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P.O.W. Prisoners of War

Immagine di copertina tematica P.O.W. (Credits: Francesca Maffietti)

War testimonies are chronicled in Area 08, Italians on the Move.

This acronym was used in the English-speaking world to define soldiers captured during conflicts, to differentiate them from civilian prisoners. In particular, this term was used during the Second World War to define the thousands of Italian and German soldiers captured by the Allied, British or American armies, mainly in Africa in the territories of the then Italian colonial empire.

Prisoners captured in Africa (Libya, Ethiopia, Eritrea and Somalia) were shipped to India, Australia or England. It is estimated that over 18,000 Italian prisoners of war were transferred to Australia between 1941 and 1945. 

In India and Australia, prisoners of war were placed in special internment and detention camps.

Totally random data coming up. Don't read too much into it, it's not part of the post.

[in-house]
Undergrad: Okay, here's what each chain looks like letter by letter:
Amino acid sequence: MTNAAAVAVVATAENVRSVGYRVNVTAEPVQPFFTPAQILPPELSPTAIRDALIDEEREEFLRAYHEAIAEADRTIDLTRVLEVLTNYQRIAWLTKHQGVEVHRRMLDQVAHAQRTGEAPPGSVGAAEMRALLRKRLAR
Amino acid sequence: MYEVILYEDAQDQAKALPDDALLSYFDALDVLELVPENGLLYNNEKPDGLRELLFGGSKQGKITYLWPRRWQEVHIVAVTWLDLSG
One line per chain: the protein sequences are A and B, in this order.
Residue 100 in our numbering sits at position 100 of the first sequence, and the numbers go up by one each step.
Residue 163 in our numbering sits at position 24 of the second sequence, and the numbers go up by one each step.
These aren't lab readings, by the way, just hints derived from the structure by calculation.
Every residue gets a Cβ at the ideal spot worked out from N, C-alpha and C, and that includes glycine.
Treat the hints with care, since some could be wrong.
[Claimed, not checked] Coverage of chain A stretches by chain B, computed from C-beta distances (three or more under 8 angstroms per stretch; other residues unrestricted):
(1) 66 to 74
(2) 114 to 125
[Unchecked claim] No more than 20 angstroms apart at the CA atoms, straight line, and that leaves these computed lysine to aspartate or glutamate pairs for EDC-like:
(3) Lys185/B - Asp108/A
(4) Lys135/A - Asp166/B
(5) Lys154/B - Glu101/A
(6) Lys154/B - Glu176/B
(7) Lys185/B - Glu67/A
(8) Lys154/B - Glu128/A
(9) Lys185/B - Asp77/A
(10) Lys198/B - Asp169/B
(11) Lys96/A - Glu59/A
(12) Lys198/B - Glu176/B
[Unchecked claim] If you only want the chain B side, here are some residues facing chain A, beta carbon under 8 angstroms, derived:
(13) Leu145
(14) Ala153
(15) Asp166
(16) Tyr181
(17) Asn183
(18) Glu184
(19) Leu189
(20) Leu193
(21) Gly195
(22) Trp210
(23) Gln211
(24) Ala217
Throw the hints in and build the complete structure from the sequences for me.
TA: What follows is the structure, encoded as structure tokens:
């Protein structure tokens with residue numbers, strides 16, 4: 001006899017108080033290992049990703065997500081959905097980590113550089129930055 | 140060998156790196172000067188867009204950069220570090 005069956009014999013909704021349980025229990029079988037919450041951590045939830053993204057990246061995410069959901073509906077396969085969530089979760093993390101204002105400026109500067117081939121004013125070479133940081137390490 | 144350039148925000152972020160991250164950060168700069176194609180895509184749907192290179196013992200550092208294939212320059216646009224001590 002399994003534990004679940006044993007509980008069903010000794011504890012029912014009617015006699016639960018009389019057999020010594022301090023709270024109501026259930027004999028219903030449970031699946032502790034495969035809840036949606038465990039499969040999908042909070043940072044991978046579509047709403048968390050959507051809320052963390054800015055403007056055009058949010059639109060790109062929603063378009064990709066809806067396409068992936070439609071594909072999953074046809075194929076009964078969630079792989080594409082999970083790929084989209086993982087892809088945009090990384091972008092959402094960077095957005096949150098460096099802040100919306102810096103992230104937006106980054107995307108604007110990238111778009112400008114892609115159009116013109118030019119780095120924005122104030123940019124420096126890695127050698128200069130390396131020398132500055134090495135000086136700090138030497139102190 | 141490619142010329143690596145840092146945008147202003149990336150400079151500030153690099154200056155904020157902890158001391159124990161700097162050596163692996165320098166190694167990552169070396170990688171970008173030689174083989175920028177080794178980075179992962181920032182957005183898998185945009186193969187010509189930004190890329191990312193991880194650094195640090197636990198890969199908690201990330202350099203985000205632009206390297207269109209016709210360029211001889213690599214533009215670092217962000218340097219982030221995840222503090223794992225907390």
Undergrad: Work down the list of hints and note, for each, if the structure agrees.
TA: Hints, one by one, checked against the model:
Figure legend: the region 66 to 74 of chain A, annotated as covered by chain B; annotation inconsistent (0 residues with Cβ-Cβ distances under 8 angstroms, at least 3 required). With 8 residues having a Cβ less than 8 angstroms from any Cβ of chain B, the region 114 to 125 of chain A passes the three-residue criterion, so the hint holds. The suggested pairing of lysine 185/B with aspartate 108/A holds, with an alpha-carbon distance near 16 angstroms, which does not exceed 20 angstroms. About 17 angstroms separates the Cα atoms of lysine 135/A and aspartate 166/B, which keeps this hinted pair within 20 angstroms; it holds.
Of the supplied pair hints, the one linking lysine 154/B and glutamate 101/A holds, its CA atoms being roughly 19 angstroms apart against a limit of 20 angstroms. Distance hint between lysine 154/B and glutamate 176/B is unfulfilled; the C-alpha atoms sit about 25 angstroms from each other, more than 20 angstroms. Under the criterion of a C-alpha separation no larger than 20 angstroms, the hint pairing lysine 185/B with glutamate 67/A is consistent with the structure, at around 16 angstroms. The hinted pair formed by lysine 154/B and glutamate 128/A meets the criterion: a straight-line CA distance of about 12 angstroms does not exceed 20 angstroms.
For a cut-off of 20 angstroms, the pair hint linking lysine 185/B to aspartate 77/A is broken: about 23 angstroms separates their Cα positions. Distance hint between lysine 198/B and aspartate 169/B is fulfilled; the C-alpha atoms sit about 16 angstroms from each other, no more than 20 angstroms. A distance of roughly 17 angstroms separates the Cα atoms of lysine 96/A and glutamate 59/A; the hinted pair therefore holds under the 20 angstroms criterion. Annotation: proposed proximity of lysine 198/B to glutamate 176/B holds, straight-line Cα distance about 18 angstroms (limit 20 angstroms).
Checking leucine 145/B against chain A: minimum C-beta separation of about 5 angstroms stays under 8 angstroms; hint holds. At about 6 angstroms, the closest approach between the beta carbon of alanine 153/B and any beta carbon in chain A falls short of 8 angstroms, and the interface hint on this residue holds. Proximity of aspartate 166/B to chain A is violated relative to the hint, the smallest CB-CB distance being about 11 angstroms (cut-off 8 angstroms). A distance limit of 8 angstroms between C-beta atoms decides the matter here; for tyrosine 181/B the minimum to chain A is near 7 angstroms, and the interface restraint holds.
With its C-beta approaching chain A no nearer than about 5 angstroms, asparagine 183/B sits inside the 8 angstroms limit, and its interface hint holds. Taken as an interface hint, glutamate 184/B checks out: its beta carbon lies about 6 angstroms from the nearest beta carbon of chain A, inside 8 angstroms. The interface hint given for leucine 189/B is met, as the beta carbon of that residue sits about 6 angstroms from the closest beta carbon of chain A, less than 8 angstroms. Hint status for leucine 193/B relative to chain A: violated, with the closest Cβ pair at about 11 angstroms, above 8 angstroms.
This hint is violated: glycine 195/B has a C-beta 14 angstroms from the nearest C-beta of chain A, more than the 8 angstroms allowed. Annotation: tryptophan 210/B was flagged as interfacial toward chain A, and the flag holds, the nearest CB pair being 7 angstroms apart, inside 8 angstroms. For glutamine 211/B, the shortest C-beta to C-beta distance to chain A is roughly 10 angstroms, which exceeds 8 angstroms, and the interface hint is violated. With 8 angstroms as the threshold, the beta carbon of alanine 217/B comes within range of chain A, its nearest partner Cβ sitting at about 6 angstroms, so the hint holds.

Many Italian soldiers in Australia went to work on the huge farms run by British colonists. In some cases, the relationship with the employers resulted in the formation of close human relations, transcending political oppositions. 

Repatriation began in 1946 and continued until 1947. Most of the soldiers returned to Italy after being imprisoned for up to six years, others unfortunately died in the camps due to poor living conditions, poor hygiene, disease, and insufficient nutrition. Some, after being repatriated, decided to travel back to Australia and continue the life they had begun there, while others chose to desert and stayed in Australia to live their new life.

Various organisations are involved in reconstructing this page of Italian history, including the projects Italian prisoners of War and Finding Nonno by Joanne Tapiolas, an Australian researcher of Italian origin.